top of page


3rd Place Sound Design - SETC 2021


Conceptual Design using the

Clarence Brown Theatre, Knoxville, TN

Scenic Design: DJ Pike

Lighting Design: Kaylin Gess

Costume Design: M. Hromek

Sound Design: Tate E. Thompson

Photos by DJ Pike, Kaylin Gess, and Tate E. Thompson

Goodbye Yellow Brick RoadTate E. Thompson
00:00 / 00:50
S&MTate E. Thompson
00:00 / 00:40
I'll Be There For YouTate E. Thompson
00:00 / 00:20

Everyman follows the journey of the character Everyman as he learns to let go of earthly goods and desires in order to find salvation before his death. As he does, he is met by various allegorical figures representing either ideals or warnings of the Catholic Church. This play, although most likely written in the 15th century, was still being performed throughout the early 16th century, a time when the Protestant Reformation was gaining prominence, and many were questioning and breaking away from the Catholic Church. One of the most notable discrepancies in Catholic teaching is the preaching of modesty and humility. This is in direct contrast to cathedrals being decked out in gold and the hypocrisy that one could pay indulgences to wash away sins and guarantee themselves a spot in heaven.


Our world of Everyman is inspired and informed by Tudor England, but pokes fun at this religious double standard by presenting the play as a comedic, extravagant “bardcore” musical experience. Using contemporary pop and rock songs from the past 50 years, we created a musical extravaganza mash up of 16th century England and today. The distance in time period as well as the music will allow for an accessible experience to this Medieval morality play for modern audiences.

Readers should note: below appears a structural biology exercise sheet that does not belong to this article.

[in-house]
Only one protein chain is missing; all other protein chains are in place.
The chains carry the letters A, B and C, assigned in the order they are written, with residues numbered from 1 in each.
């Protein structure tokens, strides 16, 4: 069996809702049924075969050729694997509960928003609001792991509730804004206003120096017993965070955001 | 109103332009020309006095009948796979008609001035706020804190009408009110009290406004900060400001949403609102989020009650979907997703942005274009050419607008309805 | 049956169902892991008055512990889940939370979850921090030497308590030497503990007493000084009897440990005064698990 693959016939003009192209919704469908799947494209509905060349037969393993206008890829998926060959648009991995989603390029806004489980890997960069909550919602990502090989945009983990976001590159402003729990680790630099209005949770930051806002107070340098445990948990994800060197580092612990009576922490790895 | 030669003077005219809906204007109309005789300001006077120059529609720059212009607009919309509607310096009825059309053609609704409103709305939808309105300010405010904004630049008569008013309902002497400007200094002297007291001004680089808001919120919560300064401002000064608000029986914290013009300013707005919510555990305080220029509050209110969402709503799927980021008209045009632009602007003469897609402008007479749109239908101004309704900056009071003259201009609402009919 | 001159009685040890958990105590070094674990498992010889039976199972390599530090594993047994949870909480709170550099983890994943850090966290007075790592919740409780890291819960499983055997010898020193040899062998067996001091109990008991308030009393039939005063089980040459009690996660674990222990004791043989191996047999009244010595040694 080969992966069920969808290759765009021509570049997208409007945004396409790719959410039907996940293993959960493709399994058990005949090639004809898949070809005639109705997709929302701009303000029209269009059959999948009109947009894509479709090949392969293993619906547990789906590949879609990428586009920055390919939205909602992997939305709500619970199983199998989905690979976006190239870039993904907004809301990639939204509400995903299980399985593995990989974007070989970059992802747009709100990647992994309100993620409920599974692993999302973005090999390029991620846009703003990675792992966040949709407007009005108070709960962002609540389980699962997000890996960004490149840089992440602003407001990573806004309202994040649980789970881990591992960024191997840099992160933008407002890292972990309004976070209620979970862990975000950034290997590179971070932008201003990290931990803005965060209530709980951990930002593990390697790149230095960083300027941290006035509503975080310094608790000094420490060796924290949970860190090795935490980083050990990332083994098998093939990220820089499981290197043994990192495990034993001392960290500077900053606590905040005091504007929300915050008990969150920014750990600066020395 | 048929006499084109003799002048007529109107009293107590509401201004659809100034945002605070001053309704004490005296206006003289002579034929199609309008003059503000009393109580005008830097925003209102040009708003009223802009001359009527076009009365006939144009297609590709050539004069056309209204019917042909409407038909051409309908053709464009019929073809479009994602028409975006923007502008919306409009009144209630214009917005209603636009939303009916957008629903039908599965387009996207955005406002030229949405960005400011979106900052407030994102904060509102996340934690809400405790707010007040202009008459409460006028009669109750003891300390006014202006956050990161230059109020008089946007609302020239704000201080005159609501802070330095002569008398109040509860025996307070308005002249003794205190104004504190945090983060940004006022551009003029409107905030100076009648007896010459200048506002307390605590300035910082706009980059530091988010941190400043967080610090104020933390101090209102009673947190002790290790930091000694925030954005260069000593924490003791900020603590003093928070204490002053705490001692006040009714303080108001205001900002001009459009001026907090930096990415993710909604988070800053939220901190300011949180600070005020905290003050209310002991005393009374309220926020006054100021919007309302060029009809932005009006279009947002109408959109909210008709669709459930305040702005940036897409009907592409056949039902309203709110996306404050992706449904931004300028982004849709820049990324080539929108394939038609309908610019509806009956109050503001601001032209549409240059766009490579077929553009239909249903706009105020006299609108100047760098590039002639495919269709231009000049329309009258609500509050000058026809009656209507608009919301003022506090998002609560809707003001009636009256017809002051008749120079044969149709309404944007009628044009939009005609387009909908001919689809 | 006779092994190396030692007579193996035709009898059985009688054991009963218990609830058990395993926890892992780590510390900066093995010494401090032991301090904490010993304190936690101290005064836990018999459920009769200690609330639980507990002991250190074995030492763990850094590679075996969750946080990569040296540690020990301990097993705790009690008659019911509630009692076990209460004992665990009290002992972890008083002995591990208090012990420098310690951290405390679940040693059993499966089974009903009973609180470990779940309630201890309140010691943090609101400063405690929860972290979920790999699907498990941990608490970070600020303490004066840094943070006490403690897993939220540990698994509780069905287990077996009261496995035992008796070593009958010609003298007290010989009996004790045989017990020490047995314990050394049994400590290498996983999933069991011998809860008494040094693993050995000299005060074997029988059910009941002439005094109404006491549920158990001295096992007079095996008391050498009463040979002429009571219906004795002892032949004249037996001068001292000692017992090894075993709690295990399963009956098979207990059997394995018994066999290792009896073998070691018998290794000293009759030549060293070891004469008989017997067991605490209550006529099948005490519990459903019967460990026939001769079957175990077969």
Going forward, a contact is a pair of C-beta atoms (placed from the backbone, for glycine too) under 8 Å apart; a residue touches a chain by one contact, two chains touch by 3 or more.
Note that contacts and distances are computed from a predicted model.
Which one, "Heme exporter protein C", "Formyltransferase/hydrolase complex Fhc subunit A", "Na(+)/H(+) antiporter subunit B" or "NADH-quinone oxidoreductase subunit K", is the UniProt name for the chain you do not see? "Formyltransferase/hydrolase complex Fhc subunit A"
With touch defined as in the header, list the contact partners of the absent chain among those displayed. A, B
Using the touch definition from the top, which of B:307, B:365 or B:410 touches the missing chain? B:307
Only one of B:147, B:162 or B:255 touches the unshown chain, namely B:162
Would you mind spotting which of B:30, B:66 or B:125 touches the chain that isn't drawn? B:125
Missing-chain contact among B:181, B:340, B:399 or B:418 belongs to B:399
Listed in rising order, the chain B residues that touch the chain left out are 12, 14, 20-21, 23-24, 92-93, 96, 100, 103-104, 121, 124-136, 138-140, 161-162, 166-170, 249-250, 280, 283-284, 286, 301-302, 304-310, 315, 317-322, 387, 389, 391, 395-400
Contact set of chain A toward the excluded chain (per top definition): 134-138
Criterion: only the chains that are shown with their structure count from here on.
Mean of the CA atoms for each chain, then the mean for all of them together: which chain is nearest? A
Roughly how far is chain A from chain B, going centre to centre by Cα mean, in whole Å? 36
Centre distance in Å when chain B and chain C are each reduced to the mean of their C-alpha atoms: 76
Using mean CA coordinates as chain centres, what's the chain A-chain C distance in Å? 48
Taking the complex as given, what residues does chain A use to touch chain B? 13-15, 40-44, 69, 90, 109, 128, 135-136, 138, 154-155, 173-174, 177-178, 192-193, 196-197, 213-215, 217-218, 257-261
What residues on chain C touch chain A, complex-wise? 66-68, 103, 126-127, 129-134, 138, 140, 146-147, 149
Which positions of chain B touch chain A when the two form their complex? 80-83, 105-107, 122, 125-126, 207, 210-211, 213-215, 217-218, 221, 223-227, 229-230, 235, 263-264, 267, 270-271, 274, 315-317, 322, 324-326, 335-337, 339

To support the comedic tone of the production, I re-orchestrated popular songs which were chosen by the team to fit each thematic moment in the play. Individual descriptions are found in the attached video. The contrast between pop songs and traditional Tudor instrumentation led to comedic, intimate, and electrifying moments. The growth from an intimate play to a large-scale musical required the decision to design a flexible sound system for natural reinforcement and pop concert volume. This was achieved through the blending of concert and musical theatre systems. 

Everyman 3 copy.jpg
knowledge and everyman.jpg
Everyman 1.jpg
bottom of page